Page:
By Liz Nicholls, 12thnight.ca
We are all haunted, every one of us. By the great mysteries of our past: our families. By the questions we live with that never got answered. By the tiny moments that slipped by at the time unrecognized, but in retrospect are vivid, maybe seminal. By the parents we didn’t quite realize were actual people till later, when we were all grown-up and looking back.
That’s the emotional landscape of the remarkably complex and textured, moving, funny and sad musical Fun Home that the Plain Janes have brought to the Varscona in a deeply affecting production directed by Dave Horak. It will get you, right in the heart. And here’s the contradiction that should send you forth to see it: It’s shattering, but somehow it’s not bleak; it’s enlivening.
Based on a best-selling graphic novel memoir by the American cartoonist Alison Bechdel, the 2015 Tony Award winner is a genuine original. So much of the musical theatre is about the embodying the vivacity, the eternal animation, of youth. Subtitled “A Family Tragicomic, Fun Home is a grown-up musical that steps outside nearly every musical theatre convention. It puts onstage Alison the graphic artist at 43 (Jocelyn Ahlf), sketch pad in hand to try and reassess, in comic panels and test captions, her young selves, little-girl Alison (Jillian Aisenstat) and college-girl Alison (Bella King). It’s the latter who tentatively then decisively comes to realize she’s gay at about the same time she realizes her father is gay, too. All three actors are eye-wateringly good.
The elusive figure who haunts all the Alisons at every age is her father Bruce, a high school English teacher who also restores old houses, and runs a funeral home (the title “fun home”). He’s a mercurial character, to say the least, a mass of contradictions as Jeff Haslam’s multi-faceted portrait conveys with such fierce attention to detail. He’s harsh and imperious, easily exasperated, always on edge, sometimes oddly soulful. He’s a question mark of a guy: an intellectual, a perfectionist, a stickler for rules and image in art and in life, the spit-and-polish facade of the ideal family. He also picks up young boys.
It’s this double life, in the closet and in lovingly refinished vintage houses, that brings Alison to the remembering and reassessing that is the raison d’être of Fun Home. Who is the man who played airplane with his little daughter, who sent her James Joyce and Colette novels at college, who cruised high school boys? Who is the man who fatally stands in front of a moving truck just weeks after Alison comes out? “I want to know what’s true, dig deep into who and what and why and when, until now gives way to then,” she sings at the outset. “It all comes back….”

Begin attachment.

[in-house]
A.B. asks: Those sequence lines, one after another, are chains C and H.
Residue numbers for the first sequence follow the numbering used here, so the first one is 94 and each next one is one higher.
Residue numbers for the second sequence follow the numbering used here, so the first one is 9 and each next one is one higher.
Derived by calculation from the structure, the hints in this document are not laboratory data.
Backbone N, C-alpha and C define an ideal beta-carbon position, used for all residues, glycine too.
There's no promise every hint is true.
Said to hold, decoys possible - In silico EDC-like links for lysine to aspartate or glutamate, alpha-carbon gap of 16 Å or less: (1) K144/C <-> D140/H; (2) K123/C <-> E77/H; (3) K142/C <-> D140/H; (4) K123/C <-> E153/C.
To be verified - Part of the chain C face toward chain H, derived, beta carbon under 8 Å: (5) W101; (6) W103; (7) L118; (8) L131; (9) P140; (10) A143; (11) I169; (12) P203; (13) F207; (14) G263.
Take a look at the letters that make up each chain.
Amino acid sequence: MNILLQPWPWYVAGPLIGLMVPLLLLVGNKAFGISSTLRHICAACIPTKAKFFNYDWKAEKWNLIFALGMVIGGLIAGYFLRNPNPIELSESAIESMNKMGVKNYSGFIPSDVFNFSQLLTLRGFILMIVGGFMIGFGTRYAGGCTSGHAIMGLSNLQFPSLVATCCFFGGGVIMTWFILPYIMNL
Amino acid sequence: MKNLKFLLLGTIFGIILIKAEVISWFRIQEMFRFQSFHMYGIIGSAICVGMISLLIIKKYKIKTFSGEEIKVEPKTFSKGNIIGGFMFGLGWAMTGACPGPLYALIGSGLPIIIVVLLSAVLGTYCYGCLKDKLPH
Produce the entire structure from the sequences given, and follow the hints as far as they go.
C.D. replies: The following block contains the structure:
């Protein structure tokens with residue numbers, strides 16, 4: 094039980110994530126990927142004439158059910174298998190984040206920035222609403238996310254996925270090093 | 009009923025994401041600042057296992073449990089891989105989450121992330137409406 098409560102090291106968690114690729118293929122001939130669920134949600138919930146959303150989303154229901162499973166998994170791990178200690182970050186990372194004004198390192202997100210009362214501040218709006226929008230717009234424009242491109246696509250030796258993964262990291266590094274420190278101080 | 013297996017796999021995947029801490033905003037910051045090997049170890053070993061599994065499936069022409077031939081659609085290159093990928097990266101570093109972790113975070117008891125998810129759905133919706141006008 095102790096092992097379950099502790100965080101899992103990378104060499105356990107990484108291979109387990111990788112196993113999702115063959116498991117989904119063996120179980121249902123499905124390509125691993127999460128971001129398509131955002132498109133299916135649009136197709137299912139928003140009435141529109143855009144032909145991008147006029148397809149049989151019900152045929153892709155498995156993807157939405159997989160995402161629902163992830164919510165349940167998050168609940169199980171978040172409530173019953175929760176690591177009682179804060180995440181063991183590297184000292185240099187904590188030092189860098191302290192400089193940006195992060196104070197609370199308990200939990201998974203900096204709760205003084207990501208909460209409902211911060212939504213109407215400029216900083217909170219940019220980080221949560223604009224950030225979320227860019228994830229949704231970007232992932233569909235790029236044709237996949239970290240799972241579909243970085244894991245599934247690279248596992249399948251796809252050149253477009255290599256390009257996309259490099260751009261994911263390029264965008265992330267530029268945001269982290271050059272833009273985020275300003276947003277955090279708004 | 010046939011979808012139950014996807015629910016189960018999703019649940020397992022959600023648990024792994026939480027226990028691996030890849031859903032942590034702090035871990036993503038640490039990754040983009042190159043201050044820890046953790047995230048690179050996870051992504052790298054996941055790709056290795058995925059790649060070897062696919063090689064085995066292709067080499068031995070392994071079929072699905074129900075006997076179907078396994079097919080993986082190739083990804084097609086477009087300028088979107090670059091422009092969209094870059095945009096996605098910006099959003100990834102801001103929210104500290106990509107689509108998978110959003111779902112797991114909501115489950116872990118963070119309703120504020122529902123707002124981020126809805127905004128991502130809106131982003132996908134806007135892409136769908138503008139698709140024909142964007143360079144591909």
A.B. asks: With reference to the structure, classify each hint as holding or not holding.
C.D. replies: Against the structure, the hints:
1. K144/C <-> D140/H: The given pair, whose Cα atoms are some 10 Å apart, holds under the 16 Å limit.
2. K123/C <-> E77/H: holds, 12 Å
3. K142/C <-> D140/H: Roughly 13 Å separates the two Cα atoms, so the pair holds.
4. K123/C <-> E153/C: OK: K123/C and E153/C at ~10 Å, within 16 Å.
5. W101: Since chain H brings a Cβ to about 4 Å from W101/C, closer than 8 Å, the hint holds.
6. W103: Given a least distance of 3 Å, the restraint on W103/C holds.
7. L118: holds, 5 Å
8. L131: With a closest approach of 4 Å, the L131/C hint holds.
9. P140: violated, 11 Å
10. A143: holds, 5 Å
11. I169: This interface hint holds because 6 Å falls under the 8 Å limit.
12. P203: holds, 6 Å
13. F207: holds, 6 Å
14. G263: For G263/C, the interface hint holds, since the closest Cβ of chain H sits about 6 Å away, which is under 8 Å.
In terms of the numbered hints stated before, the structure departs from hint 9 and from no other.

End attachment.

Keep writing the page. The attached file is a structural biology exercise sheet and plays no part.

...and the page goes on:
Horak sets his production in motion on a square that’s a sketch pad, open-ended with empty window frames on one side. And Ahlf’s Alison, watchful and often wincing, is onstage drawing the panels from her past, imagined and lived, and experimenting with the right caption. It’s a wonderful performance — alert and engaged, wry, rueful, self-mocking, and appalled — by an actor whose dramatic and musical range seems unlimited. The final father-daughter scene she shares with Haslam’s Bruce, at the point of connection or disintegration, is devastating.
Fun Home’s originality extends to the way the music — by Jeanine Tesori, lyrics by the librettist Lisa Kron — melts into the drama so skilfully you can scarcely separate them. Ah, but there are exceptions to this, too. The scene in which the Bechtel kids, upbraided by dad (“I told you ‘do not play in the caskets!'”), create a home-made ad for the family business is a riot (choreographed by Jason Hardwick). So is the Partridge Family-esque number, Everything’s All Right, a spirited ode to the lie of happy families ‘70s style (costumes by Maralyn Ryan).
Middle Alice, who realizes at college something about herself she’s always known when she meets Joan (Karina Cox), comes out in a song. King captures the rush and the musing wonder of discovery in the buoyant Changing My Major (“I’m changing my major to Joan”). Aisenstat, who has an amusing kind of sturdy briskness to her that echoes her dad’s decisiveness, is in charge of one of Fun Home’s most elusive, deceptively simple song, Ring of Keys, in which the little girl reveals her secret attraction to a butch woman. Aisenstat knows exactly how to deliver it, without over-inflecting or interpreting. She and King are finds for Edmonton theatre.
In a way, Alison’s mother Helen is the least-explored character, living within the cruel and secret confines established by a closeted gay husband. The song in which she emerges from the shadows to explain to her daughter how she’s kept the facade going, Days and Days, has huge impact in Kate Ryan’s performance. She doesn’t cry; you will.
The veteran musical director Janice Flower does a terrific job with the huge variety of music, from the fragmented and dissonant to the tuneful and jaunty. She and her musical forces give Horak’s production a momentum that never feels hard-driven. It’s not that kind of musical, even though the stakes are life and death, survival and happiness.
Life is funny; our motives are tangled, and look different from every angle. Fun Home is for funerals, but it’s also a house of mirrors. Seek it out, and see yourself.
Varscona Theatre Ensemble
Theatre: The Plain Jane Theatre Company
Written by: Jeanine Tesori and Lisa Kron, from Alison Bechdel’s graphic novel
Directed by: Dave Horak
Starring: Jocelyn Ahlf, Jeff Haslam, Bella King, Jillian Aisenstat, Kate Ryan, Karina Cox, Gabriel Gagnon, Carter Woodley, Connor Woodley
Where: Varscona Theatre, 10329 83 Ave.
Running: Friday through April 20